Another famous Prince Albert son, a man who was born and raised here, was operatic tenor Jon Vickers. The sixth son of eight children, Vickers was born on October 29th, 1926 to William and Myrle (Mossop) Vickers. Vickers sang in his church choir and, although he had planned to study medicine at university, his leading lady in a semi-professional opera taped him and submitted the tape to The Royal Conservatory of Music in Toronto where he was awarded a scholarship. After studying there, he sang professionally across Canada from the early 1950s until his first international performance at Covent Garden in London, England in 1957. Other performances followed, not only at Coven Garden but at the Metropolitan Opera and the Paris Opera, among other notable opera houses.
Vickers died in Ontario from Alzheimer’s disease at age 88 on July 10th, 2015.
It has not been only men who have gone on from Prince Albert to fame on the stage and screen. In the late 1960s, representatives of the Provincial Youth Drama came to Prince Albert to conduct auditions for their drama school. Two of my classmates asked me to assist them in their auditions by playing opposite them when it was their turn to audition. One of these young women went on to an active career in drama in Vancouver, while the other, Janet-Laine Green, went on to a highly successful career in the performing arts. This should not have been a surprise as her grandfather, Bill Halsey, had managed a theatre troupe in Weyburn back in the early part of the 20th century prior to moving to Prince Albert. His acting genes were obviously passed on to his grand-daughter!
Many of you will remember Janet-Laine in television shows such as She’s the Mayor, This is Wonderland, The Beachcombers, Seeing Things, and Chautauqua Girl. You may not know that she has also voiced such animated shows as Jacob-Two-Two, Franklin, Little Bear (as the mother), and The Care Bears (the voice of Wish Bear). She has also been a director, producer and teacher.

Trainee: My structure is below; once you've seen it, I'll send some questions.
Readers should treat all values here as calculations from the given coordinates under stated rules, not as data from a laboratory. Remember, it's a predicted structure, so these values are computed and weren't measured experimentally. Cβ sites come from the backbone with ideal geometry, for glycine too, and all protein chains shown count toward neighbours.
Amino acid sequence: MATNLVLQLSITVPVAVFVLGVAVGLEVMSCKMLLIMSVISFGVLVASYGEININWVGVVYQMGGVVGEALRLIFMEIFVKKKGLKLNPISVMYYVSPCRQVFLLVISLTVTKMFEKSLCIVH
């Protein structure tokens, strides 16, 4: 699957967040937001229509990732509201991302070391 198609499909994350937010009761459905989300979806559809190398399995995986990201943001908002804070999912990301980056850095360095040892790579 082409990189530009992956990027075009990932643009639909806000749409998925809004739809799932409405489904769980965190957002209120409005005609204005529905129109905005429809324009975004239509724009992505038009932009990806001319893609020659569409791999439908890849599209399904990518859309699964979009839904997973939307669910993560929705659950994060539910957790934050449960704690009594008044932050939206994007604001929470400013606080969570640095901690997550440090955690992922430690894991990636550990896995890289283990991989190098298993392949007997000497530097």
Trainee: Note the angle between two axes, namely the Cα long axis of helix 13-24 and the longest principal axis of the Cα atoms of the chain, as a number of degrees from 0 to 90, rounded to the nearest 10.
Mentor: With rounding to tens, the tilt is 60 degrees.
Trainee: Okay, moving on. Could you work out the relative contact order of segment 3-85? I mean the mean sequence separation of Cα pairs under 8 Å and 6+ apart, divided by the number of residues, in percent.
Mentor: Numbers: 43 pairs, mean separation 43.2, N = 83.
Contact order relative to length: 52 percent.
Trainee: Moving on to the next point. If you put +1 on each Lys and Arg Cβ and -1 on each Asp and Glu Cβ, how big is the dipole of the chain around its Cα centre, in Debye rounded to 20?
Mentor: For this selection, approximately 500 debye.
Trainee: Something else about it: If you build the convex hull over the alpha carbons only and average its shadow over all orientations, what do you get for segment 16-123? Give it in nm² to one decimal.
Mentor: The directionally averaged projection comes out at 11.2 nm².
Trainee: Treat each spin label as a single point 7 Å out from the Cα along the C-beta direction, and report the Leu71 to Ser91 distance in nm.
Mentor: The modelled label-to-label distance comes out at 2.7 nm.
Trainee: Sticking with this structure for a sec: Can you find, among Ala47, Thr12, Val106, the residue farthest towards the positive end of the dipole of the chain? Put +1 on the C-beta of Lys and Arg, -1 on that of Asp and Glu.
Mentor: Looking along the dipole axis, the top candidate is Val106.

One other local product who is not as well known was Rick Ducommun. Born in Prince Albert in 1952, as Rick Dukeman he hosted the television video show Rockin’ America, was Tom Hanks’ next door neighbour in The ‘Burbs, played the villainous monster Snik in Fred Savage’s Little Monsters, and was the barfly in Bill Murray’s comedy Groundhog Day. His list of credits included many more movies such as Spaceballs, Die Hard, The Last Boy Scout, and The Hunt for Red October.
Beating out Rick Moranis and Dave Thomas for the part in The ‘Burbs, Ducommun was considered by its director, Joe Dante. to have “knocked it out of the park. “Lots of the funniest stuff he says was totally ad-libbed” according to Dante.
As well as being an actor, Rick was a stand-up comic, a writer, and a director.
Ducommun died due to serious complications from diabetes in Vancouver on June 12th, 2015 at the age of 62.
Our local museums have information about so many Prince Albertans who have made their mark in so many different fields of endeavour. Why not stop by to find out more about them?